(a) under intellectual property rights (other than patent or trademark) to use, reproduce, modify, display, perform, sublicense and distribute the Modifications created by such Contributor (or portions thereof) either on an unmodified basis, with other Modifications, as Covered Code or as part of a Larger Work; and

(b) under patents now or hereafter owned or controlled by Contributor, to make, have made, use and sell ("offer to sell and import'') the Contributor Version (or portions thereof), but solely to the extent that any such patent is reasonably necessary to enable You to Utilize the Contributor Version (or portions thereof), and not to any greater extent that may be necessary to Utilize further Modifications or combinations.

Rationale: The main goal in modifying this section was to require Contributors to license back their modifications and at the same time remove the redundant nature of MPL section (c). The rationale discussed in Step #1 above is applicable to these changes as well.

 

Step #4 Modification of Availability of Source Code

MPL section 3.2 Availability of Source Code

Any Modification which You create or to which You contribute must be made available in Source Code form under the terms of this License either on the same media as an Executable version or via an accepted Electronic Distribution Mechanism to anyone to whom you made an Executable version available; and if made available via Electronic Distribution Mechanism, must remain available for at least twelve (12) months after the date it initially became available, or at least six (6) months after a subsequent version of that particular Modification has been made available to such recipients. You are responsible for ensuring that the Source Code version remains available even if the Electronic Distribution Mechanism is maintained by a third party.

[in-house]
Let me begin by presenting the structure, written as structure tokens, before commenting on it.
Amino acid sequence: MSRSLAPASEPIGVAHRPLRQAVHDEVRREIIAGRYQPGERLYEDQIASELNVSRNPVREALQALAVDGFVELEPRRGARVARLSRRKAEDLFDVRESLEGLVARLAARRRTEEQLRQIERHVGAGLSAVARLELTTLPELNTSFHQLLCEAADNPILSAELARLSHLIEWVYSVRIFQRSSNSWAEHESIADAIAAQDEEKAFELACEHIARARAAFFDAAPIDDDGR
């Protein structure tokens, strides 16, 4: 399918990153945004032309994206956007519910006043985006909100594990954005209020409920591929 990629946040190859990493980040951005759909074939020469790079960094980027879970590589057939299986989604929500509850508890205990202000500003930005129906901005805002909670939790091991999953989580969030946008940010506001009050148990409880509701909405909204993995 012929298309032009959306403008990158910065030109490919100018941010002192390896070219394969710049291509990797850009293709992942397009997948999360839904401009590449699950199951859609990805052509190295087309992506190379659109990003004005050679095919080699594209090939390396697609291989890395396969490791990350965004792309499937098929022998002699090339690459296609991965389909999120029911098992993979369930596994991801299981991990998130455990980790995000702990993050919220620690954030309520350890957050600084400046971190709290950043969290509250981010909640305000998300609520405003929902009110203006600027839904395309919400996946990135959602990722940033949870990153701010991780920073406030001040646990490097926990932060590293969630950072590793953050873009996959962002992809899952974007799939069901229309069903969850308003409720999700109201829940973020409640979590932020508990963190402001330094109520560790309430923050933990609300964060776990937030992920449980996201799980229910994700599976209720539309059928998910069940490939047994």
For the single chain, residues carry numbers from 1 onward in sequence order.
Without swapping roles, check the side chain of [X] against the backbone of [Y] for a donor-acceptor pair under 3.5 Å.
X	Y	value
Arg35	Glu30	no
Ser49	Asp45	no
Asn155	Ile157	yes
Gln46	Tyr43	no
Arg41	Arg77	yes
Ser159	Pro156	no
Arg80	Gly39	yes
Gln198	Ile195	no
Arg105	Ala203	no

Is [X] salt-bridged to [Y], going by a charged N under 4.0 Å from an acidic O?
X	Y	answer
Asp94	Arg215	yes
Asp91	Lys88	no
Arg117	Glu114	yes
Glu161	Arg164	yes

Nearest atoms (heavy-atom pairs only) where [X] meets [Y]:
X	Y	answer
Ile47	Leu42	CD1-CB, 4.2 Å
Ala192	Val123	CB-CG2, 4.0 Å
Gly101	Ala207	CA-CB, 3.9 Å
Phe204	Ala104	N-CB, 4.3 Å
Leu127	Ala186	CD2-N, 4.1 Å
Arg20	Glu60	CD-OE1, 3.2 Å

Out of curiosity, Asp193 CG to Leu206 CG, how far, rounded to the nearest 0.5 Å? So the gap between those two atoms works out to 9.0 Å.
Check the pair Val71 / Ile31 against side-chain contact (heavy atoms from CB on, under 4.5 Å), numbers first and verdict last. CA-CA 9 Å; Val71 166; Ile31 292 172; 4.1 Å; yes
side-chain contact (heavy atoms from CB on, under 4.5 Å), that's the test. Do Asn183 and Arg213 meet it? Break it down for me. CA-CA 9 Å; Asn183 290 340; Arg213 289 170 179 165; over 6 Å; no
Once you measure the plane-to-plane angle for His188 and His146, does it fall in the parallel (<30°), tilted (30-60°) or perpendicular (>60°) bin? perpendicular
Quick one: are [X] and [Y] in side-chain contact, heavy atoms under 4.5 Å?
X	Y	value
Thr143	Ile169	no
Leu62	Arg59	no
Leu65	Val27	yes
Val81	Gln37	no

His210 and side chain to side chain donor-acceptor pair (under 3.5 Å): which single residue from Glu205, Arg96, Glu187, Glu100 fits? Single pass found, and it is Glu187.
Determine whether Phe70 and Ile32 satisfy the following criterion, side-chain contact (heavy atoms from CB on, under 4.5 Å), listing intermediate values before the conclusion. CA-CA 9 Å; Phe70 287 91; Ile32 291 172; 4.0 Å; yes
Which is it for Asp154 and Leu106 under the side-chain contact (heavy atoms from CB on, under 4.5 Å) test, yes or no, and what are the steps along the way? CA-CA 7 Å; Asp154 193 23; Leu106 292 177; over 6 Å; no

OPL section 3.2 Availability of Source Code

Any Modification which You create or to which You contribute must be made available in Source Code form under the terms of this License either on the same media as an Executable version or via an accepted Electronic Distribution Mechanism to anyone to whom you made an Executable version available; and if made available via Electronic Distribution Mechanism, must remain available for at least twelve (12) months after the date it initially became available, or at least six (6) months after a subsequent version of that particular Modification has been made available to such recipients. You are responsible for notifying the Initial Developer of the Modification and the location of the Source Code if a contact means is provided. Initial Developer will be acting as maintainer of the Source Code and may provide an Electronic Distribution mechanism for the Modification to be made available.

Rationale: The intent of the addition of the last sentence is to provide as much flexibility and creative freedom as possible to the open source development community. However, there is a need for a source code depository to track the evolution of the code and provide the development community with a traceable history of the code's growth.